Each morning starts the same way for Natalia Baburova. She picks up her phone to check the latest updates from Ukraine.
War fills the screen and she just hopes that none of her family or friends have been caught up in the shelling or missile attacks.
A year ago this week, Russia invaded Ukraine and Natalia, who has lived in Inishowen since 2010, is consumed by the war.
“I am in touch with them every day,” she says of her parents and sister, who remain in the country.
“They’re fine, in between the blackouts.
“My sister lives in Kyiv, and my parents in Vinnstyia (south of the capital). They’re not on the frontline, but in Ukraine no one is sure what will happen in five minute’s time.
“You saw what happened in Dnipro,” she says, referring to a Russian missile strike on an apartment building in the city last month that killed 45 people and left scores of families homeless.
“Nobody can be safe.
“Sometimes I cry,” she says, recalling two friends who joined the army and were killed. “They had families and they left young children behind,” she says sadly.
Natalia was one of just two Ukrainian people in Inishowen this time last year.
She’s been joined by many hundreds of her compatriots since, and she admires their tenacity in coming to a foreign country without knowing what lies ahead and perhaps even without being able to speak English.
“I wouldn’t be able to move and start a new life in France or Spain,” she says.
The garage at her Buncrana home became a sort of depot last spring, where donated clothes and toiletries were sorted and boxed and delivered to the hundreds of
Ukrainians who fled the war and have come to Inishowen.
The last count by the Central Statistics Office estimated 800 Ukrainians now live in Inishowen
“A lot of people, maybe 90 per cent, want to work and are looking for a job,” she says.
“They want to work instead of staying at home.
“The main problem is having English, or not having transport from where they live. Many people live in remote places.”
As the war enters a second year, and with Russia continuing to bomb civilian areas and attacking Ukraine’s electricity network to inflict miserable conditions on its people, there is no sign of an end to the conflict.
“Some people have settled well, and intend to stay in Ireland,” Natalia says.
“Some of those lost their homes and have nothing to go back to.
“Others can’t wait for the victory so that they can go home.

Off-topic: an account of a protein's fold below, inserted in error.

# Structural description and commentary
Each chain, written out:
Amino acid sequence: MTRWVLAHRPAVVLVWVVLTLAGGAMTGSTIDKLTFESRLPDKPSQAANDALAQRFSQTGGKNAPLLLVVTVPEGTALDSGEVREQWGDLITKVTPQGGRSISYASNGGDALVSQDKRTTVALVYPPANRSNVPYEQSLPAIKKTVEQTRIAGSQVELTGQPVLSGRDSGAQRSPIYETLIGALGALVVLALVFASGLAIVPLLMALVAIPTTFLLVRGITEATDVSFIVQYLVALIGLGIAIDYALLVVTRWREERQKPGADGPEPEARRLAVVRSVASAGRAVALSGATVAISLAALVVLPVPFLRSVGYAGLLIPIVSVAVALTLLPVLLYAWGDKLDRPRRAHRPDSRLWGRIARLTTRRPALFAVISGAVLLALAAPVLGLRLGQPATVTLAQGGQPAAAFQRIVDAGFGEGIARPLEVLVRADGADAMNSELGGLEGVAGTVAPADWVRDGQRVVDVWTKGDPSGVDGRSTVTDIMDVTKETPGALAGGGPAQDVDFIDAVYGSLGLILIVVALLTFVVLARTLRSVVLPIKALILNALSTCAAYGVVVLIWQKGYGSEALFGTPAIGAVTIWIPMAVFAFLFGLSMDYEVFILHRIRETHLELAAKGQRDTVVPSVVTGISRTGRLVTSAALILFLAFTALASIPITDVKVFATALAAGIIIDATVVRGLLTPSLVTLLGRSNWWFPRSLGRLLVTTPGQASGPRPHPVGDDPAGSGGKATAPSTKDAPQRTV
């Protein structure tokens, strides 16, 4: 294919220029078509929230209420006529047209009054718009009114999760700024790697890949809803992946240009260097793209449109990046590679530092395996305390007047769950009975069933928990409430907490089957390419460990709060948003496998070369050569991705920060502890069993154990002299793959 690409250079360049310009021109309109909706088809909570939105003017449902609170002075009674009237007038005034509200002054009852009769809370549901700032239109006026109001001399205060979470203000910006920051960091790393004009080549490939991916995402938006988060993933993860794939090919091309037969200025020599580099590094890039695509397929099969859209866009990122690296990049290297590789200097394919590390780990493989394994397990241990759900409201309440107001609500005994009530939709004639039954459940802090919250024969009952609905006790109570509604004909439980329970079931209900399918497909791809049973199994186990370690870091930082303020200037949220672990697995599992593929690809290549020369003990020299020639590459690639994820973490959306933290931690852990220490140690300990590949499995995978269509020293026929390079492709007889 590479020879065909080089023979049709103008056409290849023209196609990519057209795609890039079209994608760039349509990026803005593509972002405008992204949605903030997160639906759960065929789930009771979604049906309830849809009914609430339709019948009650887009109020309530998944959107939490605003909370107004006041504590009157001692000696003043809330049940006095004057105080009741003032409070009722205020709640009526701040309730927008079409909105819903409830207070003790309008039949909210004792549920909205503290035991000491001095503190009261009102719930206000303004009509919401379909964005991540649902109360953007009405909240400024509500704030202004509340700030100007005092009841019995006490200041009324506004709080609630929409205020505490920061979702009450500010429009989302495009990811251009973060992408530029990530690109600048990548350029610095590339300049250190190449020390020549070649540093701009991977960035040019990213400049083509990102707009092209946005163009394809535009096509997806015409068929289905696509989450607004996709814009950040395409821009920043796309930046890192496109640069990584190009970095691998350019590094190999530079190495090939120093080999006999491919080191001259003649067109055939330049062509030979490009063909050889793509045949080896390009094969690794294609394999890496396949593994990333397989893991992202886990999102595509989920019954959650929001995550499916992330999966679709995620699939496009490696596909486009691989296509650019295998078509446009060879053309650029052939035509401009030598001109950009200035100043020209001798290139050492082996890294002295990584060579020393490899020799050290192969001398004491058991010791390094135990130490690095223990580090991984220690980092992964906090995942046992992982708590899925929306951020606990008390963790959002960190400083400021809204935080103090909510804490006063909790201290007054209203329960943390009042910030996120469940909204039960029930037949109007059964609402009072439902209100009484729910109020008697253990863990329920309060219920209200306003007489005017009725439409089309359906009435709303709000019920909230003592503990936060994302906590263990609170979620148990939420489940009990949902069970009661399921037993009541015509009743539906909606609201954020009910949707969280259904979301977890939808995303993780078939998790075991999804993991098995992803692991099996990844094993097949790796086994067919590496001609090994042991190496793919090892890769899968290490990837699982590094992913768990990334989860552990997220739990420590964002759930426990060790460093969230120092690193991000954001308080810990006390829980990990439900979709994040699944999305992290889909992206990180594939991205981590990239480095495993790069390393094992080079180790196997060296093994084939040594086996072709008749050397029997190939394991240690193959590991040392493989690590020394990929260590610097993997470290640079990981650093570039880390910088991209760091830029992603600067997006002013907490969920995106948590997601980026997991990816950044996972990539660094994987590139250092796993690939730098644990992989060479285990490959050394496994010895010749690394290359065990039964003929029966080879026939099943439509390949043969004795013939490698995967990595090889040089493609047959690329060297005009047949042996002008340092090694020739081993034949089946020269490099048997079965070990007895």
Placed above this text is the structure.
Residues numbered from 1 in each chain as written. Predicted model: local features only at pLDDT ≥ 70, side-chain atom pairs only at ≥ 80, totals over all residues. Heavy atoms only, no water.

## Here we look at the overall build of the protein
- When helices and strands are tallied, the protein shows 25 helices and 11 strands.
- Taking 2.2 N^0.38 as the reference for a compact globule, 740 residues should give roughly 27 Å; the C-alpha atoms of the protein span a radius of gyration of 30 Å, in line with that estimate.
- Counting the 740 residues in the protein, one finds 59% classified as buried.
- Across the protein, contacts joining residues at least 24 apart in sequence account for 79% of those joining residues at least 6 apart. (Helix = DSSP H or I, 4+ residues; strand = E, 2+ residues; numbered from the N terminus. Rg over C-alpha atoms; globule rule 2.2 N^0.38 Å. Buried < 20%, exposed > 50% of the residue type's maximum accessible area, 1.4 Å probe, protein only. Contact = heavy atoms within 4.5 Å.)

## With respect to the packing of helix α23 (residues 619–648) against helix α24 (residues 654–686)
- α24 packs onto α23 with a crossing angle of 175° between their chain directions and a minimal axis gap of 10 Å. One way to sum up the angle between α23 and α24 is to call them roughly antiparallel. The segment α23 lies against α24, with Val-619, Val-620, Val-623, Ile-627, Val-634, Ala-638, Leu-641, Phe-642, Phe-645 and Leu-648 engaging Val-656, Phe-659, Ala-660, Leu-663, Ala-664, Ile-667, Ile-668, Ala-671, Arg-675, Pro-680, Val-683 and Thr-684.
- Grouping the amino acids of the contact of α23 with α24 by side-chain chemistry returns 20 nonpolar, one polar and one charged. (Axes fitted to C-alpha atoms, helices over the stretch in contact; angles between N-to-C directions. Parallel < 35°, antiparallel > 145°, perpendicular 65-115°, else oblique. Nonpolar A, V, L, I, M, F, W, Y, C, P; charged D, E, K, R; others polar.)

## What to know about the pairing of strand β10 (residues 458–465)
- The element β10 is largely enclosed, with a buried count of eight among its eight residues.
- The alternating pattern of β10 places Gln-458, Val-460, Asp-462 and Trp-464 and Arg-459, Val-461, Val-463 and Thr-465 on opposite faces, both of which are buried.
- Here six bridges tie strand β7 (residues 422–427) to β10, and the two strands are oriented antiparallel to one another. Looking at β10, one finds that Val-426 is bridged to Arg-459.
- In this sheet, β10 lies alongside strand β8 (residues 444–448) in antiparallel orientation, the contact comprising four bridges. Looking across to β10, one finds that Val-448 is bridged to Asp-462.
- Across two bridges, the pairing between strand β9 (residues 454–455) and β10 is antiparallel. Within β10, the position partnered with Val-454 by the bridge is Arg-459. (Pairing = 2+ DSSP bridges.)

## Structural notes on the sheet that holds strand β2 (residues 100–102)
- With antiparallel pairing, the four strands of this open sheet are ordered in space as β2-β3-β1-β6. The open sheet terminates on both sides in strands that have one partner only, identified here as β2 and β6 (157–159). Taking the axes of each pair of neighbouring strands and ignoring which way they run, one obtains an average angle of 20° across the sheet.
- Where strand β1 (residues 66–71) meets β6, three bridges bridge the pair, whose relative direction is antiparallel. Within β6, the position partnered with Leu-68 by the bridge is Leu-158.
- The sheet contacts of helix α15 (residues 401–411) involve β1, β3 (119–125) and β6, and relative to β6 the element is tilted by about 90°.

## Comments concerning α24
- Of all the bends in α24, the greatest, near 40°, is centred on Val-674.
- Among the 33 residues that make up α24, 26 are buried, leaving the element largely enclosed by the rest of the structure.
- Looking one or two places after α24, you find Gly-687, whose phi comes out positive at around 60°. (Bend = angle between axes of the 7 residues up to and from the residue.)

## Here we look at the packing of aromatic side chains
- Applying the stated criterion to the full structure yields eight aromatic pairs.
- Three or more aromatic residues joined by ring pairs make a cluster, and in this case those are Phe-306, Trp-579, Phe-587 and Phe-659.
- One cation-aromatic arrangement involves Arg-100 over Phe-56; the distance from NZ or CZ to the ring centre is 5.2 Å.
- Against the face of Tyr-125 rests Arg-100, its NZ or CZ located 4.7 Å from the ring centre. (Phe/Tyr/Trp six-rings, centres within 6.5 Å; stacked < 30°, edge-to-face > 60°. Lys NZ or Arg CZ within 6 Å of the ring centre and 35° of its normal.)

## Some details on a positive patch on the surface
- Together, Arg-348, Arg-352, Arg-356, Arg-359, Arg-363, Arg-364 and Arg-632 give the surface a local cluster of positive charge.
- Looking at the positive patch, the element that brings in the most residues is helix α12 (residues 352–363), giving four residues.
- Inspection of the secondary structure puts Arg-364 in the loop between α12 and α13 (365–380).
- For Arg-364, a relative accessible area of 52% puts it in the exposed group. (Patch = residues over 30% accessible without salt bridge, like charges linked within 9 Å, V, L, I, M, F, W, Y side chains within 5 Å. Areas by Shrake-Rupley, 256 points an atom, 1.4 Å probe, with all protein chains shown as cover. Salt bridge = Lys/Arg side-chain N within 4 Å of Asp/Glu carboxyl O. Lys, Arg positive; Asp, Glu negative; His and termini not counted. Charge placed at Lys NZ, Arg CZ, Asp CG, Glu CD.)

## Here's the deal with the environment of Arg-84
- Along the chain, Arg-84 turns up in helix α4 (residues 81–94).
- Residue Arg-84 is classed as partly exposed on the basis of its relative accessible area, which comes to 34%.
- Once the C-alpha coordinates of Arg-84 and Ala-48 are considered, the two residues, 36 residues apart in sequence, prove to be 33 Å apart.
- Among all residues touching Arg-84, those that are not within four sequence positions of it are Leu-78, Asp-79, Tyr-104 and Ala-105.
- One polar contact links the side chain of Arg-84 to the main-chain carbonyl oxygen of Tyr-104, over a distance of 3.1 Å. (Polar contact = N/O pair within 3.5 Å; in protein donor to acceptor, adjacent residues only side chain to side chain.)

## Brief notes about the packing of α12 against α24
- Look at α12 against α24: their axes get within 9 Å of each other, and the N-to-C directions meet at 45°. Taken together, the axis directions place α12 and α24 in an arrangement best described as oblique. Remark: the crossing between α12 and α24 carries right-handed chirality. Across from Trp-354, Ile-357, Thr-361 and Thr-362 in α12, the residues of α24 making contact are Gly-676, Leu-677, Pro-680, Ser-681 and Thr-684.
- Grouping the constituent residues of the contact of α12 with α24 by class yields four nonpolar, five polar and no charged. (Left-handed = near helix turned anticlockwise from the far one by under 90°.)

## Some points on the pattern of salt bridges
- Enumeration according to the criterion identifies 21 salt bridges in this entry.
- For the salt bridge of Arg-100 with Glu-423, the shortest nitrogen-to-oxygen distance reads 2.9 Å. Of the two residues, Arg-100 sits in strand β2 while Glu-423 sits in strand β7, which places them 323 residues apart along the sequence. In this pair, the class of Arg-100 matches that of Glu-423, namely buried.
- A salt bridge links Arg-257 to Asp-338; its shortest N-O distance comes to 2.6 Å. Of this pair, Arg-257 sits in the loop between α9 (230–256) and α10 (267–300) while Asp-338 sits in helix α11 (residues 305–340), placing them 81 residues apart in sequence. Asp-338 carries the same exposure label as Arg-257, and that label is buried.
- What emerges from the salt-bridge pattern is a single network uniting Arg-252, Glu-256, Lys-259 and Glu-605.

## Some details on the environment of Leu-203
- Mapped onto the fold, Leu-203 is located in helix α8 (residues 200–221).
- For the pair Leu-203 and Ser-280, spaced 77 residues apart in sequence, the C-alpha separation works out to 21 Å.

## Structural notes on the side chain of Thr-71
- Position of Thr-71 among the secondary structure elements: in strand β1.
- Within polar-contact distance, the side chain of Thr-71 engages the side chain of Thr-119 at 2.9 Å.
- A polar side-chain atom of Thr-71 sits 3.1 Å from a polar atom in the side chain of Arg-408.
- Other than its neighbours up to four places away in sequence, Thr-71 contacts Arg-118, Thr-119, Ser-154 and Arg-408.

“Some of them have psychological problems. They close down and don’t want to talk to anyone, remembering their past life.”
Until the day of the invasion, 23 February, Svetlana Ivanova didn’t really believe that war would break out.
With Russian forces mounting an from Belarus in the north, Svetlana and her sister fled their Kyiv home for the west of the country and spent a month there
before coming to Ireland.
“My sister and I were scared,” Svetlana recalled. “Every day you hoped the war would end, but the first months, no one knew what would happen.”
The world now knows what was happening. In Bucha, a town north of Kyiv, Russian soldiers were torturing and massacring civilians during those dreadful days last March, the crimes only coming to light when Ukraine’s army beat them back.
A trained child psychologist, Svetlana and her sister lived in Galway for a month before the offer of work as a Ukrainian support worker in Donegal came up and they moved to Muff last summer.
Svetlana had only a little English when she came here, but her sister has been learning it all through school and has found it easier since moving here.
In addition to her Monday- Friday job of finding accommodation for Ukrainians, Svetlana spends Sundays holding clinics in Carndonagh for children who have been affected by the war and their relocation to Ireland.
“We play, we talk,” she says of her sessions. “I like it. I enjoy playing with the children and helping them.
“All the children want to go home. They miss their friends, their families and their schools. And some of them don’t realise their homes are gone.”
Twelve months ago, Svetlana was living comfortably in Kyiv and visiting Ireland wasn’t even an idea in her mind.
“I couldn’t thank Ireland and Irish people enough for what they have done,” Svetlana says.
“They’ve been very kind, and given great support. Not just material, but moral support too.
“People have been very kind.”
So where does she see herself in 12 months’ time?
“I hope to be here, but I don’t know” she says. “My sister (17) goes to school in Moville Community College, and she likes it.
“She’d like to go to university and study here.
“I have a problem with [speaking fluent] English, but my sister has none.
“Before the war, I had a really good life in Kyiv with a good job and a nice office.
“Maybe I will stay here, maybe I will go home. I don’t know.”
Like Natalia, she’s in touch with her family back in Kyiv by mobile phone. Each morning she sends a message to her mother, checking that’s she’s OK.
“When we talk, I worry when I hear antiaircraft siren in the background,” Svetlana says.
This time last year, Natalia didn’t believe a war would break out.
“I couldn’t believe that anyone would do such things in 2022,” she said. “I thought it was just words and threats.
“The soldiers the Russians sent aren’t normal. Some are prisoners, and how they behave is inhuman.”
Losses have been heavy with both sides losing tens of thousands of troops, and Ukrainian civilians have also been killed in their thousands with their cities and towns flattened under Russian bombardment.
There’s no end in sight, but how does the war finish?
“In victory,” Natalia says defiantly.
And can Ukraine win?
“For sure. One hundred per cent.”